(6) JACK VANCE. Paul Weimer analyzes one of Jack Vance’s richly inventive fictional worlds in “Robinson Crusoe of Tschai: Jack Vance’s Planet of Adventure Tetralogy”, posted at Tor.com.

Strange customs and societies, a hallmark of Vance’s fiction, populate (and almost overcrowd) the world. What is near-mandatory in one region of Tschai will get you killed in another. Anyone who despairs of planets in SF which feature all the same terrain and the same people have never visited Tschai. This variety and diversity is such that most people who encounter Reith and hear his story just think he’s from some corner of Tschai that they are unaware of, and probably crazy to boot.

(7) PASSENGER. NPR reports what it’s like to ride along in a self-driving Uber car.

Fourteen self-driving Ford Fusions idle in front of Uber’s Advanced Technologies Center in Pittsburgh.

On each vehicle, dozens of stationary and spinning cameras collect 1.4 million distance measurements per second, guiding the car on its journey.

Beginning Wednesday, the cars will be deployed on Pittsburgh’s streets in a striking experiment by Uber to introduce self-driving technology to its passengers.

“For me this is really important,” says Anthony Levandowski, the head of Uber’s self-driving car team, “because I really believe that the most important things that computers are going to do in the next 10 years is drive cars.”

(8) LICENSE TO WRITE. Larry Correia says don’t be bullied: “Writers should be Cultural Appropriating all the Awesome Stuff”.

I’ve talked about Cultural Appropriation before, and why it is one of the most appallingly stupid ideas every foisted on the gullible in general, and even worse when used as a bludgeon against fiction authors.

First off, what is “Cultural Appropriation”?  From the linked talk:

The author of Who Owns Culture? Appropriation and Authenticity in American Law, Susan Scafidi, a law professor at Fordham University who for the record is white, defines cultural appropriation as “taking intellectual property, traditional knowledge, cultural expressions, or artifacts from someone else’s culture without permission. This can include unauthorised use of another culture’s dance, dress, music, language, folklore, cuisine, traditional medicine, religious symbols, etc.”

The part that got left out of that definition is that engaging in Cultural Appropriation is a grievous mortal sin that self-righteous busy bodies can then use to shame anyone they don’t like.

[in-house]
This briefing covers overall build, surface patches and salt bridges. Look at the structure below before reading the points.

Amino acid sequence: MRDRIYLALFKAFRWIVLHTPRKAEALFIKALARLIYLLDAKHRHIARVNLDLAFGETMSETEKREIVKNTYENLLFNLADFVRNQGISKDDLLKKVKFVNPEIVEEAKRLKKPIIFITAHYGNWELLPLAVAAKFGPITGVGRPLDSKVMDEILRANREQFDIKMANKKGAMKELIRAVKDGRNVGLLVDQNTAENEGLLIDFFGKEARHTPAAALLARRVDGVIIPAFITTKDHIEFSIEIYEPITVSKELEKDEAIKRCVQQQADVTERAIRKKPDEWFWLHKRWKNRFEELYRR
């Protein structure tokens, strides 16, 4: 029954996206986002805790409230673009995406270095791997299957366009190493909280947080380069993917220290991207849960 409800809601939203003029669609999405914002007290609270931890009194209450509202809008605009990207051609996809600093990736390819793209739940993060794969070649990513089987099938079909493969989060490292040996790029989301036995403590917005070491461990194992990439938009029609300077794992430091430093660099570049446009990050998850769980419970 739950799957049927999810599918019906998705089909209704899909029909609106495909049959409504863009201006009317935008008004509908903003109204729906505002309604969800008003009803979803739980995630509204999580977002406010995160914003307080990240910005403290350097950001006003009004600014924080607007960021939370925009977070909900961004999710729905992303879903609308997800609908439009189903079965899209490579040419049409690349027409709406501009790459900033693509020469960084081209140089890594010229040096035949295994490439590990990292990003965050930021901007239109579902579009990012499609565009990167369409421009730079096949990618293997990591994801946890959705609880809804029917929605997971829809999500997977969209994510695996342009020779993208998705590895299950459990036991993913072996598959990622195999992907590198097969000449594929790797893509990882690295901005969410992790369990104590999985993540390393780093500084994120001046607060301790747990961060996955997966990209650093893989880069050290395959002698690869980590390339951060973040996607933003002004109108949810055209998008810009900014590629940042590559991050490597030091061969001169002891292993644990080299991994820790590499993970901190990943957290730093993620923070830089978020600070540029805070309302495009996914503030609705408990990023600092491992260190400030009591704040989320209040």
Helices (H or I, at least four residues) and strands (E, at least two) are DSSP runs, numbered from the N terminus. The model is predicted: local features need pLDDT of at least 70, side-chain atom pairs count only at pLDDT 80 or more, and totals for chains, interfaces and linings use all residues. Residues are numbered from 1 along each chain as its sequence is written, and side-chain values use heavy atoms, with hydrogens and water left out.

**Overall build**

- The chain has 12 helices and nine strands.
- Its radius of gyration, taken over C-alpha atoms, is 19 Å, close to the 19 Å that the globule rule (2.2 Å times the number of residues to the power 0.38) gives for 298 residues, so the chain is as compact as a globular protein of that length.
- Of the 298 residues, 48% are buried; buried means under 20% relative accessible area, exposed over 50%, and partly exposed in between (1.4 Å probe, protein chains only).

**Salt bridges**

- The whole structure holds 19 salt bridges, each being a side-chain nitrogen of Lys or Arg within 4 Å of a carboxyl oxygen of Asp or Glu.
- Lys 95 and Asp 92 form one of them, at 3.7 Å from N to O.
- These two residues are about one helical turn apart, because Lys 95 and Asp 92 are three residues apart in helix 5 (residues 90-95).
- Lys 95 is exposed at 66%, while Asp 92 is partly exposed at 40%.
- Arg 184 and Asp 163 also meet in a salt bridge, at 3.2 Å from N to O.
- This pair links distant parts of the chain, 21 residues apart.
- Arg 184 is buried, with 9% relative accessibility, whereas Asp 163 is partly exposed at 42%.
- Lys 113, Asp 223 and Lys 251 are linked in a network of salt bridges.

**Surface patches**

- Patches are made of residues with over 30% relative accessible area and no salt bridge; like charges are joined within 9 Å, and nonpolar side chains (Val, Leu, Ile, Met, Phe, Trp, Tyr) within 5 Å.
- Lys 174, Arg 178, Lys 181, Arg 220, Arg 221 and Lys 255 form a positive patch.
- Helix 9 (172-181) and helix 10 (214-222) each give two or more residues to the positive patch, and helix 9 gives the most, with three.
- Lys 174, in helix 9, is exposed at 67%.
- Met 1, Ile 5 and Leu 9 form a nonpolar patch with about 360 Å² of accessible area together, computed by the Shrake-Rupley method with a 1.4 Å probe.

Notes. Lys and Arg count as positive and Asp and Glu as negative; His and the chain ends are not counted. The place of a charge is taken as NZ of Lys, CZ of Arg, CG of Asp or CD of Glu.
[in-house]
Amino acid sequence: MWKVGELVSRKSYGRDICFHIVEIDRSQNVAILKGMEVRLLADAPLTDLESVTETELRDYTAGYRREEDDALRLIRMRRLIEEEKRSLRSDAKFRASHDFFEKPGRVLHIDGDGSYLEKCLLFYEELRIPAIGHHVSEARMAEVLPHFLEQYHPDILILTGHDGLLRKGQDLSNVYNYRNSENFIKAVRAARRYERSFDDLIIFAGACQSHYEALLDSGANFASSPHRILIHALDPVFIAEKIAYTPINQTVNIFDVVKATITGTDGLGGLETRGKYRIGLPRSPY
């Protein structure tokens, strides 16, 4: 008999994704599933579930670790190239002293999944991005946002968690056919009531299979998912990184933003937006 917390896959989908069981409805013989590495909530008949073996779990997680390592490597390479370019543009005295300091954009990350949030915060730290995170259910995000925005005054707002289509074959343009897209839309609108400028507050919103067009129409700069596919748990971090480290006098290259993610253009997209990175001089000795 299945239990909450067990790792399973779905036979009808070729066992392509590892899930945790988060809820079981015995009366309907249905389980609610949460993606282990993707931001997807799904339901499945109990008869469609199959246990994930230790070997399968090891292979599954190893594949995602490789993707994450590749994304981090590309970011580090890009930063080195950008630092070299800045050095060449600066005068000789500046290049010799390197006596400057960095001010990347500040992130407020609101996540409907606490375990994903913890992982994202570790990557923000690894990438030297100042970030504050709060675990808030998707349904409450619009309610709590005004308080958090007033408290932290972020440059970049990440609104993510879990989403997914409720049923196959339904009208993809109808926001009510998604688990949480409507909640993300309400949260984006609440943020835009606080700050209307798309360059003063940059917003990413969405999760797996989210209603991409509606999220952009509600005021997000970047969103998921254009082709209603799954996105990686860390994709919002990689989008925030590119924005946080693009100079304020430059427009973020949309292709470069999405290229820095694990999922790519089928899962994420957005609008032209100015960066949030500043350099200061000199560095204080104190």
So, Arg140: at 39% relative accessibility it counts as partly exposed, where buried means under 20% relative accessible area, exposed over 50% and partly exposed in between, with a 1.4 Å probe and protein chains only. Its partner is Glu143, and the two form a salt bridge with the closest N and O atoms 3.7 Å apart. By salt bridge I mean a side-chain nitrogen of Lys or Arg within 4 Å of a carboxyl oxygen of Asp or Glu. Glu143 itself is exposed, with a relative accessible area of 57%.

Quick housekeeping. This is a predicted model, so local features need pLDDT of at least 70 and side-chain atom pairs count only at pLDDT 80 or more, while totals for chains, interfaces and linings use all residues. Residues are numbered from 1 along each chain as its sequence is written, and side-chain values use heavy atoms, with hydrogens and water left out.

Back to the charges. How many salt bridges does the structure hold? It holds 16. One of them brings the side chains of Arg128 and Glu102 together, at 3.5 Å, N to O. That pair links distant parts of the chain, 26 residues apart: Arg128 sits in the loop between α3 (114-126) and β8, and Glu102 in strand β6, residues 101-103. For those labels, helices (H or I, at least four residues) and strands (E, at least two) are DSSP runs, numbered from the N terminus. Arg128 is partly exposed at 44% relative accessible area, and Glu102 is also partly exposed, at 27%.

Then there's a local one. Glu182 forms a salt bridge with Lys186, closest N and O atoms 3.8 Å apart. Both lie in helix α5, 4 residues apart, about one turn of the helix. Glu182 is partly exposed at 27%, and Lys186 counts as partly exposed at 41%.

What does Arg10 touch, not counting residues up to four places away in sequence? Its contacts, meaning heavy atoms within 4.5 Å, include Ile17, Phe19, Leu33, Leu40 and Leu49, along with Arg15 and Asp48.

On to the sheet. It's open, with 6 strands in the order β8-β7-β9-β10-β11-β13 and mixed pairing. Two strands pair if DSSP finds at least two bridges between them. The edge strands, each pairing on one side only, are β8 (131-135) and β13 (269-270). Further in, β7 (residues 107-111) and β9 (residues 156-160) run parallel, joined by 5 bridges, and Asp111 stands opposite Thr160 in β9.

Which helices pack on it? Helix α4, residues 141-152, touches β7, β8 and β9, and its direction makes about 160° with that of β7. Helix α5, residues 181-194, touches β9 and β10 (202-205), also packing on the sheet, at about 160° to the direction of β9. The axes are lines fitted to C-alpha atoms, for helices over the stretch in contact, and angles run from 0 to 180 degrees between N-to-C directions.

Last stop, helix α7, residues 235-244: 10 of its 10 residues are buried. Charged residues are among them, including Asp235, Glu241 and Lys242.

Look at that definition. Basically anything you use that comes from another culture is stealing. That is so patently absurd right out the gate that it is laughable. Anybody who has two working brain cells to rub together, who hasn’t been fully indoctrinated in the cult of social justice immediately realizes that sounds like utter bullshit.

If you know anything about the history of the world, you would know that it has been one long session of borrowing and stealing ideas from other people, going back to the dawn of civilization. Man, that cuneiform thing is pretty sweet. I’m going to steal writing. NOT OKAY! CULTURAL APPROPRIATION!

Everything was invented by somebody, and if it was awesome, it got used by somebody else. At some point in time thousands of years ago some sharp dude got sick of girding up his loins and invented pants. We’re all stealing from that guy. Damn you racists and your slacks.

In his customary swashbuckling style, he treats anyone’s concern about this issue as an absurd failure to comprehend how culture and the sharing of ideas works. That tone naturally makes people want to fire back on the same terms – whereas I wonder what everyone might say if he had expressed the same views in a persuasive structured argument.

One of Correia’s commenters implied that would look like Moshe Feder’s recent comment on Facebook.

MOSHE FEDER: I’ve always found “cultural appropriation” a weird concept. To me, it’s usually a progressive step toward a future in which humanity realizes that from a galactic point of view, we all share ONE culture — albeit a complex and varied one — the planetary culture developed by homo sapiens over tens of thousands of years. It was by this very so-called “appropriation” that fire, animal husbandry, agriculture, the wheel, and other crucial advances were spread to the benefit of all. Of course, there _are_ cases where CA is rude or inappropriate, as when you use it to mock or misrepresent other groups, and people of good will try to avoid those. But even those uses are protected by our free speech rights. (As are the protestations of those who resent such uses.) But all too often, complaints about cultural appropriation are another example of political correctness carried to the point of absurdity, the point at which it gives unscrupulous demagogues like Trump something they can look sensible for complaining about.

(9) TODAY’S BIRTHDAY BOYS

  • Born September 14, 1914 — Clayton Moore, TV’s The Lone Ranger.
  • Born September 14, 1936 — Walter Koenig (age 80). He was 31 when he started Star Trek.